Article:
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An article about changes in C# 6.0 at Microsoft presents read-only auto-properties and claims (emphasis by myself):

An interesting consequence of support for auto-property initializers is that it eliminates many of the cases found in earlier versions where you needed explicit field declarations. (...) On the other hand, the need to declare read-only fields becomes virtually deprecated. Now, whenever a read-only field is declared, you can declare a read-only auto-property possibly as private, if that level of encapsulation is required.

Why in the world would I do that?

I fully understand the benefits of exposting properties rather than fields, as this maintains binary compatibility even in cases where I need to add some validation code or similar in a later version. But what is the benefit of always having a private read-only property over a private read-only field?

Please note that I am not asking about specific scenarios where a private read-only property has benefits over a private read-only field. The quoted article implies whenever a private read-only field could be used, one should opt for a private read-only property instead. Is there any tangible benefit from this, or was this just the author's enthusiasm about the new feature going overboard?

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    Your quote has the answer: "if that level of encapsulation is required." - granted, that's subjective.
    – Dai
    Feb 26, 2021 at 16:00
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    Methinks you're reading it wrong -- I interpret the author as saying a read-only field is no longer needed as the backing field of a property. They're not saying that all read-only fields (including those not backing properties) are suddenly obsolete. The stuff about private properties is just to remind you that those, too, are a thing. I grant you the way things are formulated is a little clumsy. Feb 26, 2021 at 16:01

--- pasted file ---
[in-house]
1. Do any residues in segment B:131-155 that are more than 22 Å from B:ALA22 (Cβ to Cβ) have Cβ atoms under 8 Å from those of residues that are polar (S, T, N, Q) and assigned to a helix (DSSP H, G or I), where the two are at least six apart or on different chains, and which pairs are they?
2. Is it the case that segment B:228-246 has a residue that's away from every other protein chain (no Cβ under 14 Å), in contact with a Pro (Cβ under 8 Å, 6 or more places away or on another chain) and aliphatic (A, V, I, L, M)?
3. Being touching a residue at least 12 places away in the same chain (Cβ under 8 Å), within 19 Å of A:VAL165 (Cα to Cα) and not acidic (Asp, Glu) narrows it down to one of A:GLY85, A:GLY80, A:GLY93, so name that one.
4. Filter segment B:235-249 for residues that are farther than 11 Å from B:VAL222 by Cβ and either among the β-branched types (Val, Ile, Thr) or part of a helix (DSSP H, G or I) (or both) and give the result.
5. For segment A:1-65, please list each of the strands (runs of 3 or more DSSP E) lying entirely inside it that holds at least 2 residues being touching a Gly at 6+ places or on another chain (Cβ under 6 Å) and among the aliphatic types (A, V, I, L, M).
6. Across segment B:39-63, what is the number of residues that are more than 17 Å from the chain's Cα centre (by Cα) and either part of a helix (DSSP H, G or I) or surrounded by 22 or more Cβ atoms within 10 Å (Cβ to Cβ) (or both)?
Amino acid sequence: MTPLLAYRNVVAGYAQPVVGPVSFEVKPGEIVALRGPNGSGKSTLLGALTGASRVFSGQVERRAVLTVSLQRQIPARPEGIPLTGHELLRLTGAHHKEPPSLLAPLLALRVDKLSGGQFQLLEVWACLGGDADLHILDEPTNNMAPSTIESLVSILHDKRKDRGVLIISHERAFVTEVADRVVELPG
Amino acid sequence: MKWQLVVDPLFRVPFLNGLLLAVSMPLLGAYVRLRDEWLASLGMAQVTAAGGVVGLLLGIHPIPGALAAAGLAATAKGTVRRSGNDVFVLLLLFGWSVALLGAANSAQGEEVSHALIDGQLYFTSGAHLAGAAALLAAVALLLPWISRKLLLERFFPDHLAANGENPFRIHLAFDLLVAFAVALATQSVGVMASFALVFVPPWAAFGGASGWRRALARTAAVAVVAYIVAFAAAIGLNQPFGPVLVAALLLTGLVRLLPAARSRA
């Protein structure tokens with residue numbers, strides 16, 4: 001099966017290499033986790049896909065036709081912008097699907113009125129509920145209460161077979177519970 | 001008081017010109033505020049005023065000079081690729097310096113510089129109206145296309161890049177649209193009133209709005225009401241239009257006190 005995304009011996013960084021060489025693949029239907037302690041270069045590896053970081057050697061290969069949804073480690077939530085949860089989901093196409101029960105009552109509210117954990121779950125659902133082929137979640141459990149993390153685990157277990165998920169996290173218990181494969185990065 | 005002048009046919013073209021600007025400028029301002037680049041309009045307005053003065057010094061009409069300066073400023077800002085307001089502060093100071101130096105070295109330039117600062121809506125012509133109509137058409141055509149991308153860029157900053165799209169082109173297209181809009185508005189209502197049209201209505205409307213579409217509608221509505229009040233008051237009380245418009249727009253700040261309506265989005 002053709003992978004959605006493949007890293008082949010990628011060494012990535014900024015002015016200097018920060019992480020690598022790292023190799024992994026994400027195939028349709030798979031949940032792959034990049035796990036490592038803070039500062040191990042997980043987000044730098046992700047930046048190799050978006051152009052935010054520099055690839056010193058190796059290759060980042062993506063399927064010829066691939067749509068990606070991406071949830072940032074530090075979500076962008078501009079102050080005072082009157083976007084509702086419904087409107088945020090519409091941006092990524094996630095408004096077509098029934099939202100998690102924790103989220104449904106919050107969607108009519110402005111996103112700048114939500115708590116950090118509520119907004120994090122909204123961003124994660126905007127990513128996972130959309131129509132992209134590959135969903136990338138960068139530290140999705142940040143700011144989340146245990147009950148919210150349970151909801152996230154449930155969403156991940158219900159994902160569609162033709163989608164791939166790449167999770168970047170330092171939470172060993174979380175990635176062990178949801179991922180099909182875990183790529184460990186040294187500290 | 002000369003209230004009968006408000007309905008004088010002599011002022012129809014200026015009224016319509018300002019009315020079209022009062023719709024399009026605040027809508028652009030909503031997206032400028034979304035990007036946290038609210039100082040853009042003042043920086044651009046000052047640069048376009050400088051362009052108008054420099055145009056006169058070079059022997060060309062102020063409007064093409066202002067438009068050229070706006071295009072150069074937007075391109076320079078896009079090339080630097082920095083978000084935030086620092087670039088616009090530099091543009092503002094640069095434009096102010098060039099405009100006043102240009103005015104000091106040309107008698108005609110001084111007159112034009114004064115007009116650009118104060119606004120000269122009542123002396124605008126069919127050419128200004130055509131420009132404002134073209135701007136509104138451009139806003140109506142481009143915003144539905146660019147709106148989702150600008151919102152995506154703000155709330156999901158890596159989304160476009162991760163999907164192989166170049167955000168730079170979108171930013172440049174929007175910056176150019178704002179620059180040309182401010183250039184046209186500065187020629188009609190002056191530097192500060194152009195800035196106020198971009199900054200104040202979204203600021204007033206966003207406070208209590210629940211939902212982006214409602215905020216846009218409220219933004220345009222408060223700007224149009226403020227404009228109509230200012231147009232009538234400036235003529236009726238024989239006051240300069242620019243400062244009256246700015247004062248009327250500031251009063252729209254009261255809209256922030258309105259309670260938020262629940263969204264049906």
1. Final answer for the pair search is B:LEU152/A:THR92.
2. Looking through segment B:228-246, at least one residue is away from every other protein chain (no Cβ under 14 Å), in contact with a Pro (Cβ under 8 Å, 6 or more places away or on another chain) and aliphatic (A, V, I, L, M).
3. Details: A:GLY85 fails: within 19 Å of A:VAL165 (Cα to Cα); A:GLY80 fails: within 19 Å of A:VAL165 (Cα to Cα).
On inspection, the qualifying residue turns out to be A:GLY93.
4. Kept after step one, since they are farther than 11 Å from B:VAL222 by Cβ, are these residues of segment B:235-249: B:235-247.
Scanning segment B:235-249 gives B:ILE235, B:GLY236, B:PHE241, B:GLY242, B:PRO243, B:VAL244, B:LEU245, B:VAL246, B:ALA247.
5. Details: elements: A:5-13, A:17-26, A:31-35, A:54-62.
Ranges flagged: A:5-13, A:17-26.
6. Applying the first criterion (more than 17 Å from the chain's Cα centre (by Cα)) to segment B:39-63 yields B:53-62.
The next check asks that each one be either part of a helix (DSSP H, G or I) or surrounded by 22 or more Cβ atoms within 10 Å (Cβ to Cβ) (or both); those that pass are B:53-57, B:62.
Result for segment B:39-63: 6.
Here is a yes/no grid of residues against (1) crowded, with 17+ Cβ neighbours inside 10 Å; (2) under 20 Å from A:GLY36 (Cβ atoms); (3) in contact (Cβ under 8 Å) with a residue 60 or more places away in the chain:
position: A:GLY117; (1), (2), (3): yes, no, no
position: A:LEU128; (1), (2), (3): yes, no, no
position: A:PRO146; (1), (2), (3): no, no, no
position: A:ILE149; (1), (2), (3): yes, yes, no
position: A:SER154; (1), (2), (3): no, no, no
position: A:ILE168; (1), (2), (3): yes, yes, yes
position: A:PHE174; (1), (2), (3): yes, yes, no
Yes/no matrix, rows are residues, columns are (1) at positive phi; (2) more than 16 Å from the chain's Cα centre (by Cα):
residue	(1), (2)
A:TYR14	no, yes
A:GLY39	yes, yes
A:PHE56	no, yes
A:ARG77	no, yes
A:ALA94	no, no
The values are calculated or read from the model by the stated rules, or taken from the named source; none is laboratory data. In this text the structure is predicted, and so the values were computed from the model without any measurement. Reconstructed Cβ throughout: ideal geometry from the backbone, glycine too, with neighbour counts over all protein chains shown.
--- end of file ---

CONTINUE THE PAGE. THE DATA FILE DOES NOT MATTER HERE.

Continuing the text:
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    "you can" does not mean "you should" - those are very different semantics. There's a whole IETF RFC that describes the differences between "shall", "may", "must" and more.
    – Dai
    Feb 26, 2021 at 16:01
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    I disagree. I agree with @JeroenMostert in that the article's author is merely providing a suggestion, not a recommendation - let alone a blanket recommendation - to use auto-properties over direct field access.
    – Dai
    Feb 26, 2021 at 16:07
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    @O.R.Mapper: the author says this in the explicit context of "eliminat[ing] many of the cases found in earlier versions where you needed explicit field declarations". If you think the author really meant that fields are now obsolete for all purposes and you want to know why, I suggest asking the author (Mark Michaelis), not the Internet. If Mark was arguing that all private fields should be replaced with properties, I'd disagree (for the record), but I don't think he says that. Feb 26, 2021 at 16:10

1 Answer 1

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I replace the full context. This sentence is in the chapter Primary Contructors. With primary constructors, it make sense to replace read-only backing field by Auto-Property Initializers.

I agree, this sentence is weird :

Now, whenever a read-only field is declared, you can declare a read-only auto-property possibly as private, if that level of encapsulation is required.

When I read this, I see two axioms :

  1. With primary constructor, you should use auto-property initializer instead of read-only backing field.
  2. Hey guy, it's possibly to declare the property with auto initializer private

I think the author has favored brevity instead of readability or the author advocate to the end of field.

But the primary constructor isn't integrated in the final C#6 or next versions, so we still need backing field a long time.

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